Moreover, the OECD periodically reviews and updates its recommendations and guidelines based on new research and emerging trends. Therefore, member countries may need to adjust their policies to align with the updated recommendations or may choose to deviate from them, based on their evaluation of the potential benefits and costs. While the OECD provides a valuable framework for guiding policymaking among its member countries, each country has the flexibility to implement its own set of rules that reflect their unique circumstances, preferences, and priorities.
Why would countries have deviating Transfer Pricing Regulations?
The OECD guidelines are respected by most members, but they still choose to implement their own set of rules. There are various reasons for countries to implement their own rules:
- The first reason would be that every country has a unique political, economic and social context. This may require them to differ in their approach and ask them to deviate from the guidelines the OECD recommends.
- The second reason is that the interpretation of rules are context and country specific. As an example, most countries agree with the OECD guidelines on corporate governance that want to promote transparency, accountability, and responsibility among companies. The specific requirements and the implementation of details however differ from country to country.
- The third reason is that countries might deviate from the OECD guidelines in order to intentionally achieve policy goals. A country might impose certain trade polices going against the OECD in order to protect some domestic industries with the goal to achieve a particular trade balance. Countries might also focus on certain tax policies that differ from the OECD guidelines to incentivize foreign investment and economic growth.
- The fourth reason could be that due to the OECD guidelines that changes from year to year, this could lead to devations by member countries. As the global economic context evolves, the OECD may revise its guidelines to better reflect the changing landscape. In such cases, member countries may need to adjust their policies accordingly, which could result in deviations from previous years.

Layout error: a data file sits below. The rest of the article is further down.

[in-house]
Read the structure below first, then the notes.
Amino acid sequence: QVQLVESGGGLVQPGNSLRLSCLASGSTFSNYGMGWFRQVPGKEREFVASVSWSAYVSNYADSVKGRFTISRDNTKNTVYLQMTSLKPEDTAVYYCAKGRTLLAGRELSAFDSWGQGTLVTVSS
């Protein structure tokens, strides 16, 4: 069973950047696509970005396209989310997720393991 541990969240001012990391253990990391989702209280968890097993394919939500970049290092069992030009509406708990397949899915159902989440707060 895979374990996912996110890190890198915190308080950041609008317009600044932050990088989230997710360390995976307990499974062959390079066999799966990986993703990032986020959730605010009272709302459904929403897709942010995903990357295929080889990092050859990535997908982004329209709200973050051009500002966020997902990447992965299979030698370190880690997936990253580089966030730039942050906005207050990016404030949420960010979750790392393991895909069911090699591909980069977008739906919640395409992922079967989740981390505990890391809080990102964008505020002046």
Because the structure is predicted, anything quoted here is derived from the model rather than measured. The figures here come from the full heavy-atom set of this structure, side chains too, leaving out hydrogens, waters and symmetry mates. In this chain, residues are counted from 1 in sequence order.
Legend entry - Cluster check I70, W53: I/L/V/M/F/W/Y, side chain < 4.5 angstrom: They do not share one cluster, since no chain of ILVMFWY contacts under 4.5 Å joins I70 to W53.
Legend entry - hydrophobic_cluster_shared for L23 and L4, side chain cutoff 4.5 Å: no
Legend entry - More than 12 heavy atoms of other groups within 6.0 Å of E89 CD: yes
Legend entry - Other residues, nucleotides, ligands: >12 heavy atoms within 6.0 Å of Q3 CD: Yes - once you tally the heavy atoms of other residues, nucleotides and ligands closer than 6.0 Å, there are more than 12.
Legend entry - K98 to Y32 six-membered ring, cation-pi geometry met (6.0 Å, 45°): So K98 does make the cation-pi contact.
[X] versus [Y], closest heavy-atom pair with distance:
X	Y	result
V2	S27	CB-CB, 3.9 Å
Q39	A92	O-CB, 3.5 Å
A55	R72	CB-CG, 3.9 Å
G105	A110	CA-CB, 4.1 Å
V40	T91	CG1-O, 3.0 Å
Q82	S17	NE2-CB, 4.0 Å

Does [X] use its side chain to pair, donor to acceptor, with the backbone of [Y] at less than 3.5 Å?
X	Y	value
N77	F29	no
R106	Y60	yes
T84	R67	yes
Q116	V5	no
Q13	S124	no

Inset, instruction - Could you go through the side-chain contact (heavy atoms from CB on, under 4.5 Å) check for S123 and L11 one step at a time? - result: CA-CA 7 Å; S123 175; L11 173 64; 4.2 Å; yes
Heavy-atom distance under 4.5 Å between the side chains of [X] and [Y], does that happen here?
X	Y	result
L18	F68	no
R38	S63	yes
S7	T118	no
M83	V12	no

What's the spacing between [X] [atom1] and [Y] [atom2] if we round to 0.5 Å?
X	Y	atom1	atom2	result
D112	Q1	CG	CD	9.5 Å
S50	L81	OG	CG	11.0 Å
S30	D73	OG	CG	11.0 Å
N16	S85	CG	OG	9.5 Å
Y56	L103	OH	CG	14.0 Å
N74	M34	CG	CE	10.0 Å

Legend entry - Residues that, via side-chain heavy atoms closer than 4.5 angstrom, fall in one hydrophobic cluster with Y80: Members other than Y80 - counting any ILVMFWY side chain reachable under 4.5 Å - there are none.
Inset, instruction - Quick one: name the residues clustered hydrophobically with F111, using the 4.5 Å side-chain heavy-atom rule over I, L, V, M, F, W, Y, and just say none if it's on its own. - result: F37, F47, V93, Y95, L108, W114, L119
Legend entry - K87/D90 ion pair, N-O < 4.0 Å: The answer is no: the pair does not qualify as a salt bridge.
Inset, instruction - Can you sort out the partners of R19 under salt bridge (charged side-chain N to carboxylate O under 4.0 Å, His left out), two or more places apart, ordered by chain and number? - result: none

In conclusion, while the OECD provides guidelines and recommendations to promote economic development and trade, member countries have the freedom to implement their own set of rules based on their unique economic, social, and political contexts. These deviations could be intentional to achieve specific policy goals or a result of changes in OECD guidelines from year to year. Ultimately, the key to effective economic development and trade is to strike a balance between following international best practices and implementing policies that best serve the country’s interests.
The solution for keeping up to date on Transfer Pricing Regulations
Intra Pricing solutions offer their TPGenie as the problem solver. This user-friendly tool is updated regularly with all relevant OECD country summaries. This is essential as countries will keep deviating from the OECD guidelines in order to serve their own specific agendas. The software can be used by Multinational enterprise groups, Law firms, Tax advisors and Accounting companies. Having these country summaries will certainly give your company and edge and save you time and money.
- Ruud De Mooij and Li Liu, 2018. At A Cost: the Real Effects of Transfer Pricing Regulations. IMF Working Paper.
- UN Manual on Transfer Pricing (2017)